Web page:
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Unformatted text preview: HOME PAGE CHAPTER 16 Control Tests for Concrete
Satisfactory concrete construction and performance requires concrete with specific properties. To assure that these properties are obtained, quality control and acceptance testing are indispensable parts of the construction process. Test results provide important feedback used to base decisions regarding mix adjustments. However, past experience and sound judgment must be relied on in evaluating tests and assessing their significance in controlling the design, batching and placement processes that influence the ultimate performance of the concrete. Specifiers are moving toward performance-based specifications (also called end-result or end-property specifications) that require the final performance of concrete be achieved independent of the process used to achieve the performance. Physical tests and concrete properties are used to measure acceptance. Such specifications may not have acceptance limits for process control tests such as slump or limits on the quantities of concrete ingredients as do prescriptive specifications. The end result of compressive strength, low permeability, documented durability, and a minimal number of cracks, for example, would be the primary measure of acceptance. Of course, even though process control tests may not be specified, the wise concrete producer would use them to guide the product to a successful end result. However, most specifications today are still a combination of prescriptive and performance requirements (Parry 2000). Tests of aggregates have two major purposes: (1) to determine the suitability of the material itself for use in concrete, including tests for abrasion, soundness against saturated freeze-thaw cycles, harmful materials by petrographic examination, and potential alkali-aggregate reactivity; and (2) to assure uniformity, such as tests for moisture control, relative density (specific gravity), and gradation of aggregates. Some tests are used for both purposes. Testing aggregates to determine their potential alkali-aggregate reactivity is discussed in Chapter 5, "Aggregates for Concrete." Tests of concrete to evaluate the performance of available materials, to establish mixture proportions, and to control concrete quality during construction include slump, air content, temperature, density (unit weight), and strength. Slump, air content, and strength tests are usually required in project specifications for concrete quality control, whereas density is more useful in mixture proportioning. Nevertheless, ASTM C 94 (AASHTO M 157) specifies that slump, air-content, density, and temperature tests should be made when strength specimens are made. Following is a discussion of frequency of testing and descriptions of the major control tests to ensure uniformity of materials, desired properties of freshly mixed concrete, and required strength of hardened concrete. Special tests are also described. ASTM (2000) and Klieger and Lamond (1994) provide extensive discussions of test methods for concrete and concrete ingredients. Computational Software. In order to make computation of test data easier, NRMCA (2001) provides a CD with spread sheets for a variety of concrete and aggregate tests. CLASSES OF TESTS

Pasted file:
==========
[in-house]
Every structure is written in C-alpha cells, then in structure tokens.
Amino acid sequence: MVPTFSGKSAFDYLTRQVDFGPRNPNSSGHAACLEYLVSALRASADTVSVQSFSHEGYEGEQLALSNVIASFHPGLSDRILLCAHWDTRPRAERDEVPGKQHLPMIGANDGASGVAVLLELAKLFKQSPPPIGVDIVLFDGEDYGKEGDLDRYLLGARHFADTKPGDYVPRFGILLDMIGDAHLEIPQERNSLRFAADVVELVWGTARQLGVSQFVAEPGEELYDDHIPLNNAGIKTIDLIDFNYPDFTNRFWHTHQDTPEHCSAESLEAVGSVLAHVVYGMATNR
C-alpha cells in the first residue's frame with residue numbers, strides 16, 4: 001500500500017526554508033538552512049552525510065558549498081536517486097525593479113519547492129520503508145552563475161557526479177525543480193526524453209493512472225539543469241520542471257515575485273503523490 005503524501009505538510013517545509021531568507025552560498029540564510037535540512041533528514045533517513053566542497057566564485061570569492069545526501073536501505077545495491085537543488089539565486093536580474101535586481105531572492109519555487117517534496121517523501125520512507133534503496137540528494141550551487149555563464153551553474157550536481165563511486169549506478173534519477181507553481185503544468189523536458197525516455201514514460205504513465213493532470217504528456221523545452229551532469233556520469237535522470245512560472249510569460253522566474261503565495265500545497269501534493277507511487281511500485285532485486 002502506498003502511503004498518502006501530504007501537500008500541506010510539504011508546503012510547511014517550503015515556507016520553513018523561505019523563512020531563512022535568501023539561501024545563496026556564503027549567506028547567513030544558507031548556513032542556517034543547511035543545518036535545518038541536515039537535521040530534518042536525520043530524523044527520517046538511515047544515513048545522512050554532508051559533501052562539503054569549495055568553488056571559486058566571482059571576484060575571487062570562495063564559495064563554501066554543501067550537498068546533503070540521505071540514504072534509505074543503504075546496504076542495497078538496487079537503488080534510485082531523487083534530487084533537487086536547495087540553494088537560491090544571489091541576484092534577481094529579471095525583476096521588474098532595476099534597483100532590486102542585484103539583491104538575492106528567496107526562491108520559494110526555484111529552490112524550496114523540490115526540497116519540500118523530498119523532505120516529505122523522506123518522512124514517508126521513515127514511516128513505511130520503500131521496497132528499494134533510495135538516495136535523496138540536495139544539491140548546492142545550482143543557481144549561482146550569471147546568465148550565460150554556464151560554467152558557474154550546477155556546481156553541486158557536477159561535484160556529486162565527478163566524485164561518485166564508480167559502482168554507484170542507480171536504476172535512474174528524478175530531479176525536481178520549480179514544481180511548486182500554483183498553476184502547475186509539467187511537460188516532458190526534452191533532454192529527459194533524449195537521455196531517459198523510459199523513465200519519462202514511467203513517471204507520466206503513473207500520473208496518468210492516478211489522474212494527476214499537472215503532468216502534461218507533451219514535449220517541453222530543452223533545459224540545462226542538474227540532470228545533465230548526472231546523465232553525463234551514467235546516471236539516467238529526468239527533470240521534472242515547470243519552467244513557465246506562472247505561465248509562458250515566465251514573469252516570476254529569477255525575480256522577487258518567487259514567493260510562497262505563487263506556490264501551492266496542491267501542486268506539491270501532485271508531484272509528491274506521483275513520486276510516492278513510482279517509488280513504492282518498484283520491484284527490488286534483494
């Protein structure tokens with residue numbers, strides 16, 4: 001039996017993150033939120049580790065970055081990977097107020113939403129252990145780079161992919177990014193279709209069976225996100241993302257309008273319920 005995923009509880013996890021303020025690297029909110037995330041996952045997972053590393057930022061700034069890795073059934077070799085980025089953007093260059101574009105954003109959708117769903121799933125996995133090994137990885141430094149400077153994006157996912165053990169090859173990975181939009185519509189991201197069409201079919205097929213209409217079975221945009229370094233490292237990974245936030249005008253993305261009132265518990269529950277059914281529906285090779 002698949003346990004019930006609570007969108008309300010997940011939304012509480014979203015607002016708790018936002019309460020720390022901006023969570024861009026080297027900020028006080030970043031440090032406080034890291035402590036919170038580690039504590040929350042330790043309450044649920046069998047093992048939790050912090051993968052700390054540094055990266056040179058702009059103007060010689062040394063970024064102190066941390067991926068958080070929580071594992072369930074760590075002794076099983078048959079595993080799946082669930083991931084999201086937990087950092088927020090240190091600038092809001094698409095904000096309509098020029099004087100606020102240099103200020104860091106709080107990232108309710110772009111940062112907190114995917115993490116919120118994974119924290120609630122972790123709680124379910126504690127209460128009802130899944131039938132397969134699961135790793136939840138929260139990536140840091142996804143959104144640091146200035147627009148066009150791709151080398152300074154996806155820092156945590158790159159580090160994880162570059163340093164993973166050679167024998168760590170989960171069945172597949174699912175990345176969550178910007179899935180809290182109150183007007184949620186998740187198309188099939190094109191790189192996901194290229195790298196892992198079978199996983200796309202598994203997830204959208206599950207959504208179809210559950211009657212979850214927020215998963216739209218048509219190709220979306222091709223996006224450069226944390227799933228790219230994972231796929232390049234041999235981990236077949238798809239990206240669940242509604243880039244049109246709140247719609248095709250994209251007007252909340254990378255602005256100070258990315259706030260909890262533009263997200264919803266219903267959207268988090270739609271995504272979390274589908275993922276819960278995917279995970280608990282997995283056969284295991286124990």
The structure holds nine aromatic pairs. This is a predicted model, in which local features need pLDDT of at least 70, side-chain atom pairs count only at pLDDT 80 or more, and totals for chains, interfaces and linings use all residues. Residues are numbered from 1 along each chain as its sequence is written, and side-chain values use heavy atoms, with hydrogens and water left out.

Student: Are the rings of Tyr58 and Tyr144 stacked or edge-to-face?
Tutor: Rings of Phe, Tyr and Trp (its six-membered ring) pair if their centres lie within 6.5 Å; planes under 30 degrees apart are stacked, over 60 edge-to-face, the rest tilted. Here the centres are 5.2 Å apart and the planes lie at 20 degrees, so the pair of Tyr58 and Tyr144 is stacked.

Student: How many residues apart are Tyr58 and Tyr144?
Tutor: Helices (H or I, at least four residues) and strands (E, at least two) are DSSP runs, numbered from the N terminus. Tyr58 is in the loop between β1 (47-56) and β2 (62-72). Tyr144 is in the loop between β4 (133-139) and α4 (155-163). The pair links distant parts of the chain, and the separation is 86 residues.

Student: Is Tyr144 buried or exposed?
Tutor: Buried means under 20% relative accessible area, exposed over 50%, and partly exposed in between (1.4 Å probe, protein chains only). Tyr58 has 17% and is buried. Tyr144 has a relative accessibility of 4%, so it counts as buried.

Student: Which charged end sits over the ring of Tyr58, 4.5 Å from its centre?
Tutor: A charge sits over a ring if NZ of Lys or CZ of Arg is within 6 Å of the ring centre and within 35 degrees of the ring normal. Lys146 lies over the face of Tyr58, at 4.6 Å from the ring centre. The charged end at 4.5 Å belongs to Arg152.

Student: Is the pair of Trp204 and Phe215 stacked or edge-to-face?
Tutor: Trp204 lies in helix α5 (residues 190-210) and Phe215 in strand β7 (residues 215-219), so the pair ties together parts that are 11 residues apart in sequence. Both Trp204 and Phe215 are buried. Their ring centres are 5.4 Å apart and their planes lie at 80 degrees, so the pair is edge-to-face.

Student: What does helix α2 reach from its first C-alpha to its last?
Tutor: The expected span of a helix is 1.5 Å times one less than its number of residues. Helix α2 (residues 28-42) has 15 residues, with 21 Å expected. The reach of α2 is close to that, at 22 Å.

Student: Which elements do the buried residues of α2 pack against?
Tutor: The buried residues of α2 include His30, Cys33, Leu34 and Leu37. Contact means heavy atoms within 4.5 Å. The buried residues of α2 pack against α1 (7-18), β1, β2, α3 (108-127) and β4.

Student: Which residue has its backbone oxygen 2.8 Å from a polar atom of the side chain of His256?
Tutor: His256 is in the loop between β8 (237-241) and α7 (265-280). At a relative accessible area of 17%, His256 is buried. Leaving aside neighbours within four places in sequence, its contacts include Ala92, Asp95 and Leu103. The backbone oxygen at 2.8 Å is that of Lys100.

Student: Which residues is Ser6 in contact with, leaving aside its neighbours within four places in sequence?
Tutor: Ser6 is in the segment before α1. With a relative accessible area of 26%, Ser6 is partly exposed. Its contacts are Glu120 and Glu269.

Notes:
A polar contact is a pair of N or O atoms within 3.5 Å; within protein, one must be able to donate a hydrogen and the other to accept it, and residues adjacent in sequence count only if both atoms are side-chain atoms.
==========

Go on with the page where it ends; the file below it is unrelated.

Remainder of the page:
Project specifications may affect (1) characteristics of the mixture, such as maximum size of aggregate, aggregate proportions, or minimum cement content; (2) characteristics of the cement, water, aggregates, and admixtures; and (3) characteristics of the freshly mixed and hardened concrete, such as temperature, slump, air content, and compressive or flexural strengths. Cementitious materials are tested for their compliance with ASTM or AASHTO standards to avoid any abnormal performance such as early stiffening, delayed setting, or low strengths in concrete. More details regarding cementitious materials can be found in Chapters 2 and 3.
275 FREQUENCY OF TESTING